Advances in the Treatment of Mycoses in Pediatric Patients.
J Fungi (Basel). 2018 Oct 11;4(4):
Authors: Iosifidis E, Papachristou S, Roilides E
The main indications for antifungal drug administration in pediatrics are reviewed as well as an update of the data of antifungal agents and antifungal policies performed. Specifically, antifungal therapy in three main areas is updated as follows: a) Prophylaxis of premature neonates against invasive candidiasis; b) management of candidemia and meningoencephalitis in neonates; and c) prophylaxis, empiric therapy, and targeted antifungal therapy in children with primary or secondary immunodeficiencies. Fluconazole remains the most frequent antifungal prophylactic agent given to high-risk neonates and children. However, the emergence of fluconazole resistance, particularly in non-albicans Candida species, should be considered during preventive or empiric therapy. In very-low birth-weight neonates, although fluconazole is used as antifungal prophylaxis in neonatal intensive care units (NICU's) with relatively high incidence of invasive candidiasis (IC), its role is under continuous debate. Amphotericin B, primarily in its liposomal formulation, remains the mainstay of therapy for treating neonatal and pediatric yeast and mold infections. Voriconazole is indicated for mold infections except for mucormycosis in children >2 years. Newer triazoles-such as posaconazole and isavuconazole-as well as echinocandins, are either licensed or under study for first-line or salvage therapy, whereas combination therapy is kept for refractory cases.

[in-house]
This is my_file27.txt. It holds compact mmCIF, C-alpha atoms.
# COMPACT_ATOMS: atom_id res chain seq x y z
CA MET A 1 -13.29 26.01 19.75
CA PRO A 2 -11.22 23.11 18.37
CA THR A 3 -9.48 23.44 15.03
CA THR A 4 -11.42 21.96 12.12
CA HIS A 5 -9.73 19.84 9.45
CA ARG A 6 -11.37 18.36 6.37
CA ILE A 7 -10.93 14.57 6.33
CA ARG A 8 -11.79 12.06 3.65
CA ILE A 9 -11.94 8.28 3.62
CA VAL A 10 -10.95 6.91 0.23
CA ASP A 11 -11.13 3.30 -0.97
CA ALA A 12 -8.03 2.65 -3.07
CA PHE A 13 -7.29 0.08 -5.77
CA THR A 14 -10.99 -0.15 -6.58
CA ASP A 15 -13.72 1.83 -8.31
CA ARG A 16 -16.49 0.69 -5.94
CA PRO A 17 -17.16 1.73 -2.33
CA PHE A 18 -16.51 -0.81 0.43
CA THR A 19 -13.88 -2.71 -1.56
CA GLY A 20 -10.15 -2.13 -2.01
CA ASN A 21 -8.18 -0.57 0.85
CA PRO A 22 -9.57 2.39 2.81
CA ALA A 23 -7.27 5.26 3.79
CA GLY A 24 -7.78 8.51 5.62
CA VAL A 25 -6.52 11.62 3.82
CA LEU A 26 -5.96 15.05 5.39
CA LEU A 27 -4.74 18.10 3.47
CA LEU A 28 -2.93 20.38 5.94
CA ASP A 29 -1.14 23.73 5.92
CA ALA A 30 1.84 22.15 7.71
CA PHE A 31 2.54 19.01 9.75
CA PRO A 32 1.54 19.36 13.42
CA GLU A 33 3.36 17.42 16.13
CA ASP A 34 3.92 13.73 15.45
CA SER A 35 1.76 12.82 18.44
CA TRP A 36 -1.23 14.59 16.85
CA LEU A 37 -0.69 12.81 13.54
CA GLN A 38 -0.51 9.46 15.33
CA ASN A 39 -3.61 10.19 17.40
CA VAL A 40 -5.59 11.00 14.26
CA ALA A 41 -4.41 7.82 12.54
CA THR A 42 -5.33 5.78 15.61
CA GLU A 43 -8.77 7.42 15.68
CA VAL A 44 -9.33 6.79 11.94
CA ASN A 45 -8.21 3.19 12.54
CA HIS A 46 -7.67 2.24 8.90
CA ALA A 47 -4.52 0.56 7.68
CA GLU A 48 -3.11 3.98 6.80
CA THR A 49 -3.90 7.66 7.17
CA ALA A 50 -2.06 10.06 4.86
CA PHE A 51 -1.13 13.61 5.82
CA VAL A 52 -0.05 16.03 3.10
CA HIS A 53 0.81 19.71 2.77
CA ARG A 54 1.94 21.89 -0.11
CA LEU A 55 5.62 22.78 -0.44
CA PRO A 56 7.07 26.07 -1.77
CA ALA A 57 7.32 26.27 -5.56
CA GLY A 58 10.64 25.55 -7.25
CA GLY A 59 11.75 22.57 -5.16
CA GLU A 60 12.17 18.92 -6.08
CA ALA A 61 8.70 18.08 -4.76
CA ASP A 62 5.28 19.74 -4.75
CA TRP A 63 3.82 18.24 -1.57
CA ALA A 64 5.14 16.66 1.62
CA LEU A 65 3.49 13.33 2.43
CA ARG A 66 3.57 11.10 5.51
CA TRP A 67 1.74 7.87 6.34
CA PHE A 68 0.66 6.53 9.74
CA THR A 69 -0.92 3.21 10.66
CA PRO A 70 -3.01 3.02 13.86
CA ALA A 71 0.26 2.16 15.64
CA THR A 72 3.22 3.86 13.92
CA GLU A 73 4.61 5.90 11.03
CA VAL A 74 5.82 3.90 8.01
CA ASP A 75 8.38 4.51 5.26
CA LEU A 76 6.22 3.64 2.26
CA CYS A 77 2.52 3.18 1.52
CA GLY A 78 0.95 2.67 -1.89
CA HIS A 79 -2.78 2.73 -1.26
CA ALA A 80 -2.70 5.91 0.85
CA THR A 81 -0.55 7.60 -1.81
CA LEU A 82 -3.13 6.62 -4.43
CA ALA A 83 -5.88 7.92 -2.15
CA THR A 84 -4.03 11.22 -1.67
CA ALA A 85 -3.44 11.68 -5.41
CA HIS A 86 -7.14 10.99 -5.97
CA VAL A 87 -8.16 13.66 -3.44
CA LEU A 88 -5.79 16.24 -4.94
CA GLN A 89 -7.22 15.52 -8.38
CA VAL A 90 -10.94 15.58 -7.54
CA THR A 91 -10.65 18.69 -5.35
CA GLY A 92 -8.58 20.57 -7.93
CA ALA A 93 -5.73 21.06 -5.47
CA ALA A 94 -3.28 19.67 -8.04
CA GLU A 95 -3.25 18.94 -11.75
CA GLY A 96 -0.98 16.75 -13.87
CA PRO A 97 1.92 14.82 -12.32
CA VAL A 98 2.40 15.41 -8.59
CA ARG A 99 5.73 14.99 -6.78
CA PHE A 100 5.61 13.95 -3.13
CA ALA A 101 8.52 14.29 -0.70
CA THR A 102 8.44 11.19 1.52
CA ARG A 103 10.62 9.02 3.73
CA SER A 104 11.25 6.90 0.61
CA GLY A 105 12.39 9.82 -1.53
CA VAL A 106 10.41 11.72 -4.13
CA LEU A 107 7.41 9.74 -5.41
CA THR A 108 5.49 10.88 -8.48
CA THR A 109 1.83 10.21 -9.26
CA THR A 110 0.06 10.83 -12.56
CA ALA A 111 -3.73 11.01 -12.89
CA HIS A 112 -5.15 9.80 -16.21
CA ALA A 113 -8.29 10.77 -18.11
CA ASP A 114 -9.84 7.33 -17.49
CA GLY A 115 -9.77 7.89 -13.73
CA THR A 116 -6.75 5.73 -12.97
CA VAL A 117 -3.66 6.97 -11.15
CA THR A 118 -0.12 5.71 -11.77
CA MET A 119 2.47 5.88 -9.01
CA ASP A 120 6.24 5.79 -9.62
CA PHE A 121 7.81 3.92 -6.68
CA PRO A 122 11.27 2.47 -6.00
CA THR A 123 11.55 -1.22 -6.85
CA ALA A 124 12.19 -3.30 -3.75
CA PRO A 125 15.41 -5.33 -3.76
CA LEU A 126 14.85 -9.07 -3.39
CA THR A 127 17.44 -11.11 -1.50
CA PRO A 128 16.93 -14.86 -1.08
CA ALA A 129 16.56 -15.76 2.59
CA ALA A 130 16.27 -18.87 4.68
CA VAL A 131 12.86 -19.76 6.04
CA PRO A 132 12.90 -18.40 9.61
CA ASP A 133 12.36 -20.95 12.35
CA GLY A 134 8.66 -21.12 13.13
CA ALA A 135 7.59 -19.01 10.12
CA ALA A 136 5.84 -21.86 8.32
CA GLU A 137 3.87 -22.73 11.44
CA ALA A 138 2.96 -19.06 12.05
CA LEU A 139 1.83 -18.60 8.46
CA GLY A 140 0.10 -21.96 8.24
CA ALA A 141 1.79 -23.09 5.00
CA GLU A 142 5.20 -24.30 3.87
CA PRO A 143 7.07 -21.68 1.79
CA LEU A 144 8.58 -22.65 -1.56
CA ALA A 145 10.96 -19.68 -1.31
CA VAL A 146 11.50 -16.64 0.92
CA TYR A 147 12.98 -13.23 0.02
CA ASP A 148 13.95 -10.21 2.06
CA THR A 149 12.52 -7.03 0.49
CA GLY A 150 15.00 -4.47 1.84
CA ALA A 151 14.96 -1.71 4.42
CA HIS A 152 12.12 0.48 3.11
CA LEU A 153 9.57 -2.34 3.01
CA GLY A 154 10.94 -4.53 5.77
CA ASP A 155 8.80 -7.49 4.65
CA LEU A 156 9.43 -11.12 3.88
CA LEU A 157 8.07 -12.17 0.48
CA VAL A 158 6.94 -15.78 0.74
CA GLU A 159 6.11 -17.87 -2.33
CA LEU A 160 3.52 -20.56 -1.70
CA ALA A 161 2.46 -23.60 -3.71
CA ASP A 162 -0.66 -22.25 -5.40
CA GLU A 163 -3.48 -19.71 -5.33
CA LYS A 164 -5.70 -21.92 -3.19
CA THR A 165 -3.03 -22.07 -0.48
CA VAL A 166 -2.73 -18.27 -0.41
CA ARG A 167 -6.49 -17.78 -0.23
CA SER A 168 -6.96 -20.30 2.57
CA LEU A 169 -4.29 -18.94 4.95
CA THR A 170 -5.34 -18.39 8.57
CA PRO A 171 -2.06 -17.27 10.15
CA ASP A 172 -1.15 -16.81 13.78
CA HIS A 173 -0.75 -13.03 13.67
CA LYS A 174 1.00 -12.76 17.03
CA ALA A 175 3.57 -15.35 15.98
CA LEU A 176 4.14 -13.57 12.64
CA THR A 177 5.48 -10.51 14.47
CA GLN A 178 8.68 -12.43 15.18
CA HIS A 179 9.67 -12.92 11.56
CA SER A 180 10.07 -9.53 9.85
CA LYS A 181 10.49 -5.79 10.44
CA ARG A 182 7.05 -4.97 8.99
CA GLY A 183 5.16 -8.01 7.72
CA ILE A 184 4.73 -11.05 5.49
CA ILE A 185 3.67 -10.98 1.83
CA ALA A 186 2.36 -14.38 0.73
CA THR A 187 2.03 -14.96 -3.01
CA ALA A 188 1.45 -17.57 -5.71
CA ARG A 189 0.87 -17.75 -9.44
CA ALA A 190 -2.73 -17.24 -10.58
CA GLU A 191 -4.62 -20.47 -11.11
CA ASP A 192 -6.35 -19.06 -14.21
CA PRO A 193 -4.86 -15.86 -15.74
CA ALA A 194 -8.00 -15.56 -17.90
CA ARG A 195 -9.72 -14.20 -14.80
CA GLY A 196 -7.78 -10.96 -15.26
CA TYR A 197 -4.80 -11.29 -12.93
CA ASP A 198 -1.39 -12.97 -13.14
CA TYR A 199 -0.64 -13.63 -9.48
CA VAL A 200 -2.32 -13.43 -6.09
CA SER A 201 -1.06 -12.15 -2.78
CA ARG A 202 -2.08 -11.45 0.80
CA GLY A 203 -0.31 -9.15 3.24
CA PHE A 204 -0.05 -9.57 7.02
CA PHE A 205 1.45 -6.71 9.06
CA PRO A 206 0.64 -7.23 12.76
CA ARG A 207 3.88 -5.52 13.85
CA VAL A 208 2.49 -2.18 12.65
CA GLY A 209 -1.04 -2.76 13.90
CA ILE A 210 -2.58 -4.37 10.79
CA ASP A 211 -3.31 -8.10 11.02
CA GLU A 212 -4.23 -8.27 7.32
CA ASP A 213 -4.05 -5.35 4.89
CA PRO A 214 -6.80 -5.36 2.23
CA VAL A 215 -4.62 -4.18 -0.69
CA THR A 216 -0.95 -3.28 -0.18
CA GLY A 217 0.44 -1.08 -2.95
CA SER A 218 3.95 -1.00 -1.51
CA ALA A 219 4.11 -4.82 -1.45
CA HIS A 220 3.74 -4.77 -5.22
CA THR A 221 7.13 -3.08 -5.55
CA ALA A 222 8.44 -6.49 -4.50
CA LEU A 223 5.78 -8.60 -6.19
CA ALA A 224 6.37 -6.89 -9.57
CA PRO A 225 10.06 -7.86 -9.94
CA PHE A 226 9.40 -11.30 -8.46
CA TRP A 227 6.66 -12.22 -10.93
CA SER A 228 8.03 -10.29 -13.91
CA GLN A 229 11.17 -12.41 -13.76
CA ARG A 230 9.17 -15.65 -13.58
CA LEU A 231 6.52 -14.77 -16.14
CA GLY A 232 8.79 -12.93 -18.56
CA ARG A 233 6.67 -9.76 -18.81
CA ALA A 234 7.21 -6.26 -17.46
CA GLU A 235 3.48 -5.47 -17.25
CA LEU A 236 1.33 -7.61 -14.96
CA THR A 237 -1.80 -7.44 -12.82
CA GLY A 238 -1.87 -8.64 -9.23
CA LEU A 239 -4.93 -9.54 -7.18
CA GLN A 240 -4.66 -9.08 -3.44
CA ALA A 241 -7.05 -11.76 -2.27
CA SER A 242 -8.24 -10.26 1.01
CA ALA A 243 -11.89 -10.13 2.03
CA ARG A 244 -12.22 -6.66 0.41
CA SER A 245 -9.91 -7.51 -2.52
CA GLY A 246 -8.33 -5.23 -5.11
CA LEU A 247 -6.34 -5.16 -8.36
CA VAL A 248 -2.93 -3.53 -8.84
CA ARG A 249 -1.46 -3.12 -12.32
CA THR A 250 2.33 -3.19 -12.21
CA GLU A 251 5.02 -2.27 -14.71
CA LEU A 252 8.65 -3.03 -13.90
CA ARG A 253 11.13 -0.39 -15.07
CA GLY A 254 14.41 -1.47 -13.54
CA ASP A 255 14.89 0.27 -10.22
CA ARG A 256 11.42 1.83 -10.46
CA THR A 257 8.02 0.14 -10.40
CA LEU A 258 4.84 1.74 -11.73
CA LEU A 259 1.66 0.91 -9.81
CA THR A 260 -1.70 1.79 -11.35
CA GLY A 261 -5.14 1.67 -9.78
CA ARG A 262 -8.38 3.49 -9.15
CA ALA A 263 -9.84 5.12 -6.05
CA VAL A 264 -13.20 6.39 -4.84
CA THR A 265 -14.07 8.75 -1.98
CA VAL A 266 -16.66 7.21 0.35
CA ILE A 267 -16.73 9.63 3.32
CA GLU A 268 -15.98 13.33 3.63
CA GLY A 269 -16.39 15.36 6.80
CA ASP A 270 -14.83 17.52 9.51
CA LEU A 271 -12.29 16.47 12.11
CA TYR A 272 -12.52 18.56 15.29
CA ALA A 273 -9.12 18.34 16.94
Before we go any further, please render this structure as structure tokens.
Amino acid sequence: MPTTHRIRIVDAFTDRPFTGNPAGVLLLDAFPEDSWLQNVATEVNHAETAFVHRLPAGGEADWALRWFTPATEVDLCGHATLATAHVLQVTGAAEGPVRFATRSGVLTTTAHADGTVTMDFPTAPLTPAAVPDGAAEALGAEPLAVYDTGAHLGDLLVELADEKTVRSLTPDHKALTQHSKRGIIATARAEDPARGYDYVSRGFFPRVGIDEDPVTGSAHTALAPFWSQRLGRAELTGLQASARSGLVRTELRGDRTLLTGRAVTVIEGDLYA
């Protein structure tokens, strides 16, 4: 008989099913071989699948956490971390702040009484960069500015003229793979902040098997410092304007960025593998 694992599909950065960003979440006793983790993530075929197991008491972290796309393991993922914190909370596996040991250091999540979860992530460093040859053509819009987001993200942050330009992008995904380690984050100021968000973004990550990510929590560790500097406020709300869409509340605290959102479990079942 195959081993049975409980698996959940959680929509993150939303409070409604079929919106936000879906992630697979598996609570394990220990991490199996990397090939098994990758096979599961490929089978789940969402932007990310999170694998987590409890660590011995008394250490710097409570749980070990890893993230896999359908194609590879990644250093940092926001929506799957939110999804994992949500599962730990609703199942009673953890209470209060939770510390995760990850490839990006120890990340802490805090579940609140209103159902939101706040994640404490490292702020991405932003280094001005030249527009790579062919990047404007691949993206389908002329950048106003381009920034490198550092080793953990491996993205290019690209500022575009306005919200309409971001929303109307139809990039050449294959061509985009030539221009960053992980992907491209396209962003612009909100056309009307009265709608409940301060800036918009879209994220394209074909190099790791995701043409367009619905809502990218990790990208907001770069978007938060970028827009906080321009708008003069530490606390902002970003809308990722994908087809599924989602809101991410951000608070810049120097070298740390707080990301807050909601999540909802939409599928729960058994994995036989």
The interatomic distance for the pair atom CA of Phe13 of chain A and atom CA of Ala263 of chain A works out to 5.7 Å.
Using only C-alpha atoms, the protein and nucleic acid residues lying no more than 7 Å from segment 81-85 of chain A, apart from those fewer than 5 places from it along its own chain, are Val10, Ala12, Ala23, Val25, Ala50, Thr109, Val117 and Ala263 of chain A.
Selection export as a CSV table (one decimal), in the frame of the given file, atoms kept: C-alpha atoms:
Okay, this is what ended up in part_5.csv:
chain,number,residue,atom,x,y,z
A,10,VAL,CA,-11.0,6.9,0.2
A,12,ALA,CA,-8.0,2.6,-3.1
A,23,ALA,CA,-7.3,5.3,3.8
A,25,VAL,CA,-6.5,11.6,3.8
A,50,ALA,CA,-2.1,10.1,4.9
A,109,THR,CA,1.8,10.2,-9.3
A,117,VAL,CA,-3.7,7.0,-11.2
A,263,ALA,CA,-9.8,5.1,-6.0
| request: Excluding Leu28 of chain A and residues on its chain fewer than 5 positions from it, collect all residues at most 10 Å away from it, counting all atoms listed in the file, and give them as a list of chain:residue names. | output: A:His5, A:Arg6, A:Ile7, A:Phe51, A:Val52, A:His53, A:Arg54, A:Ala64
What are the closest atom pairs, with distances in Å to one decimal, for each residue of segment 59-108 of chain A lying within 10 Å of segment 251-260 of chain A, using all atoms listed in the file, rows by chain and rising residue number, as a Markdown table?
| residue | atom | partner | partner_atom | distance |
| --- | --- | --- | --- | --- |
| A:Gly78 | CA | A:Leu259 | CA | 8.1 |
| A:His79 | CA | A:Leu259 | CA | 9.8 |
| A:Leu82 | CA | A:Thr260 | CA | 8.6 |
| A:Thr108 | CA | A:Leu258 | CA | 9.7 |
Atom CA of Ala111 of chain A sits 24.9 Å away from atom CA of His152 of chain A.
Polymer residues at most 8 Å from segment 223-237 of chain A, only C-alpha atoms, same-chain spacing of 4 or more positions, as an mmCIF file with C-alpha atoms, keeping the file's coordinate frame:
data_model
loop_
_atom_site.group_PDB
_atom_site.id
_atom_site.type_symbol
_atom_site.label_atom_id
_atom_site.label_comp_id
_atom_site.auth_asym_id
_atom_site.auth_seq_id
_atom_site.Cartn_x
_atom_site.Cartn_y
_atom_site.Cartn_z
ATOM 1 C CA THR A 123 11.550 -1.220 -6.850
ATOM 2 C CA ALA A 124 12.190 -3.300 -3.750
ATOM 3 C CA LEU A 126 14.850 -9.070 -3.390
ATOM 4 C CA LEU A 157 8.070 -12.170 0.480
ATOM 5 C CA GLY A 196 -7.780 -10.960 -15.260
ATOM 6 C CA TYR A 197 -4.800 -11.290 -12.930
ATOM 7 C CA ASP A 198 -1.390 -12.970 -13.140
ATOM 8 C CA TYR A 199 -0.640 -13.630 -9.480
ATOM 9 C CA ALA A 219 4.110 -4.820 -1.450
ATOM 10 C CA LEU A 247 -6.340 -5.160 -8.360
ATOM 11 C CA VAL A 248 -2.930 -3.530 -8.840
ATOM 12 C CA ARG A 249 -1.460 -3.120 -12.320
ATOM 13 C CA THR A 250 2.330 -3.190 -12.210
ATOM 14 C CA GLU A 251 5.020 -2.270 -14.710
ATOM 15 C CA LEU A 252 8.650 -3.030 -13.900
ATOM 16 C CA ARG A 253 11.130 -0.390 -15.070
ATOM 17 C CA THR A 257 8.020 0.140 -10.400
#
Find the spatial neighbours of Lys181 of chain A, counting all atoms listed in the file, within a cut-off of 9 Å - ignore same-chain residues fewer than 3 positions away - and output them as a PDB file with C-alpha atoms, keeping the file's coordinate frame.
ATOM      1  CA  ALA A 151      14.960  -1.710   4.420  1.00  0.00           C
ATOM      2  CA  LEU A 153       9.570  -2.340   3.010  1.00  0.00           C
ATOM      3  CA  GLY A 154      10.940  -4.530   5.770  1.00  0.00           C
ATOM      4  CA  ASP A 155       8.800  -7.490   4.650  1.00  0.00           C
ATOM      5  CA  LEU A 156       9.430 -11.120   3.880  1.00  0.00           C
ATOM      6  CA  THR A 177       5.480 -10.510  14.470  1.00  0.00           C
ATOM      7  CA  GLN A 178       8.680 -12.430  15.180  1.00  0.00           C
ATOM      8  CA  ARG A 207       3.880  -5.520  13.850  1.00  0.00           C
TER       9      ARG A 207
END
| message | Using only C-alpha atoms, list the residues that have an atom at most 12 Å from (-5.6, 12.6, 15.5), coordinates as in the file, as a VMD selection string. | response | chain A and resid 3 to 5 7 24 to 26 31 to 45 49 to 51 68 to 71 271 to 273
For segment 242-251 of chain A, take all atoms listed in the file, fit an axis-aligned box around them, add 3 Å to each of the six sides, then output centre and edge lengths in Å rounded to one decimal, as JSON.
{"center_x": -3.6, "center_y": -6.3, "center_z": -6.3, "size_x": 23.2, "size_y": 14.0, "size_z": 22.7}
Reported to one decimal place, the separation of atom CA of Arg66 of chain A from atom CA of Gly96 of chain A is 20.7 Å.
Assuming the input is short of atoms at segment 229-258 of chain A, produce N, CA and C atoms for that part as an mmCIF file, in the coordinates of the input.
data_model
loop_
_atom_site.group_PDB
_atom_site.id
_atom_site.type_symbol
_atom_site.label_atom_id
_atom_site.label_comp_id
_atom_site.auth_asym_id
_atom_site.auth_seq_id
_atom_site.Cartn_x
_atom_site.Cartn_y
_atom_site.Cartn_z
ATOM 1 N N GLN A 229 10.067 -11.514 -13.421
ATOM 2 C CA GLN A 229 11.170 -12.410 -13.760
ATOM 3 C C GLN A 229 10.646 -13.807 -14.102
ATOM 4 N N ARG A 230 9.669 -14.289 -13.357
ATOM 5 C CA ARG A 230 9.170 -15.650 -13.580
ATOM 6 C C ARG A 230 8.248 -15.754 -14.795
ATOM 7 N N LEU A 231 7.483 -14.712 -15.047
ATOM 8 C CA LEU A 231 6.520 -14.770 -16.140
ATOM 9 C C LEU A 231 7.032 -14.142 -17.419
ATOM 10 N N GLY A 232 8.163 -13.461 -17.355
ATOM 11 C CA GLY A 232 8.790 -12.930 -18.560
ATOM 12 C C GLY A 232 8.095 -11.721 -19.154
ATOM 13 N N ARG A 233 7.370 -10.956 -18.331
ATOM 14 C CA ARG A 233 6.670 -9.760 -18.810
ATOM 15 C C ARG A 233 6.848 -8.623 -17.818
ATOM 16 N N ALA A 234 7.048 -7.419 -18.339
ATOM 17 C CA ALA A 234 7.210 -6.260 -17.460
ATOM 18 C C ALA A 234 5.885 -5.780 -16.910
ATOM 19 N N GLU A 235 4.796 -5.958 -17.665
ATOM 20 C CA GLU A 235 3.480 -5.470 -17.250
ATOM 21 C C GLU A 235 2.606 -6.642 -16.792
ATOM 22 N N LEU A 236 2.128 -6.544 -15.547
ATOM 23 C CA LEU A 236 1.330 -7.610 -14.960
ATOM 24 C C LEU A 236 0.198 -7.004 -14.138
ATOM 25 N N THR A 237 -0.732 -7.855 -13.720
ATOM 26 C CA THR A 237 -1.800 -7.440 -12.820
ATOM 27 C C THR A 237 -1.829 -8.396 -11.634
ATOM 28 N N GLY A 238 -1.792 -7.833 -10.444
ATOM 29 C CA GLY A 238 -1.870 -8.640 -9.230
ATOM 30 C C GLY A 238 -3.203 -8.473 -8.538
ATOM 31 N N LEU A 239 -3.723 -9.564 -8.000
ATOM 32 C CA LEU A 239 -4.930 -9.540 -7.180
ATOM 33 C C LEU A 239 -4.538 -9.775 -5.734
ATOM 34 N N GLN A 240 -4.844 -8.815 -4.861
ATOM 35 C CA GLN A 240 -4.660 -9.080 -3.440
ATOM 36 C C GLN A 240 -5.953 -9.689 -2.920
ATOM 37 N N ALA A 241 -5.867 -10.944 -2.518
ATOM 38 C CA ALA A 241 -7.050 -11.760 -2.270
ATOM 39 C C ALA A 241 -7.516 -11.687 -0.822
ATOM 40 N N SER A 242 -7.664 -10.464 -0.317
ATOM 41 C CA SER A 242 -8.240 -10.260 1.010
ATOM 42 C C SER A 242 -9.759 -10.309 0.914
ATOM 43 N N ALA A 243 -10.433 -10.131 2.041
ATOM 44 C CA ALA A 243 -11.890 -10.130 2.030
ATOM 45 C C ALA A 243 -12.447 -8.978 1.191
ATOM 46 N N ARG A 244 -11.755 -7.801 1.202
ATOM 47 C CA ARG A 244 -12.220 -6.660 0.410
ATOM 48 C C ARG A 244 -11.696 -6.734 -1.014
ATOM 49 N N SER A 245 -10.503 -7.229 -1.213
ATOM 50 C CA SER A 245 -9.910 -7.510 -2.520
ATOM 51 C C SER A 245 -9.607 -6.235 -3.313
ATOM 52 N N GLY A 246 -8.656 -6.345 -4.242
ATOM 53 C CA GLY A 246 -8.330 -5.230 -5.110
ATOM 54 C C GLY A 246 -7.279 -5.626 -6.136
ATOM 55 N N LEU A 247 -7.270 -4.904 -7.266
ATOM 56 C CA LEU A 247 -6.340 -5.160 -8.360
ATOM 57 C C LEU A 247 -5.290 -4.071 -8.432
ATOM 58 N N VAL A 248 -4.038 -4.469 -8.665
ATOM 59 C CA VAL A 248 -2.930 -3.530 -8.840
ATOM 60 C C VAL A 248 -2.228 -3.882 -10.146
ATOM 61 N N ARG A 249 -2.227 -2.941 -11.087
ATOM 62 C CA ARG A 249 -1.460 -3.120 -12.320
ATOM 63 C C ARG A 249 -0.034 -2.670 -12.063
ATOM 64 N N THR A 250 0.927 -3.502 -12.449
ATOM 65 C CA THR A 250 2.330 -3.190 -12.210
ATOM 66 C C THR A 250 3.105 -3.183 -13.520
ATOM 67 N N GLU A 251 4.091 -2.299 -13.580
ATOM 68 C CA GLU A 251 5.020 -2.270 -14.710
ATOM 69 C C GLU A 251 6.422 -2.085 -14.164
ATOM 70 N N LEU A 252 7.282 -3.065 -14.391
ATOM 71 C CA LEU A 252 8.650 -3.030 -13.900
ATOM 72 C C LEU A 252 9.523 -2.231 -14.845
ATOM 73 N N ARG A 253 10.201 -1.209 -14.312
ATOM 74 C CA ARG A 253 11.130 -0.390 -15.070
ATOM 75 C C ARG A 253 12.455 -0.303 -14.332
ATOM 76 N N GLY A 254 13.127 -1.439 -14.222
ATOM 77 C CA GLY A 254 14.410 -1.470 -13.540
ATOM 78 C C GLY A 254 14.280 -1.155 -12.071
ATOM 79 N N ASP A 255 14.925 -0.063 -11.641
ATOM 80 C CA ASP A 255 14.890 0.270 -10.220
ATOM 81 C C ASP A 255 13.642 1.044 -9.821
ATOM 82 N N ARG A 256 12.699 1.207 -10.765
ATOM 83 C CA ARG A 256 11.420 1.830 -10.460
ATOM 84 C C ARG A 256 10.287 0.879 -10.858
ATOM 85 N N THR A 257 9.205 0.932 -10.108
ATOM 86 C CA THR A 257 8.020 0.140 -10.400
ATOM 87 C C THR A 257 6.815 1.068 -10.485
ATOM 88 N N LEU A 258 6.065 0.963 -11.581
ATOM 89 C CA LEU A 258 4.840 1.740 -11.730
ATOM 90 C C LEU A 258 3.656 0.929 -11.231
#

PMID: 30314389 [PubMed]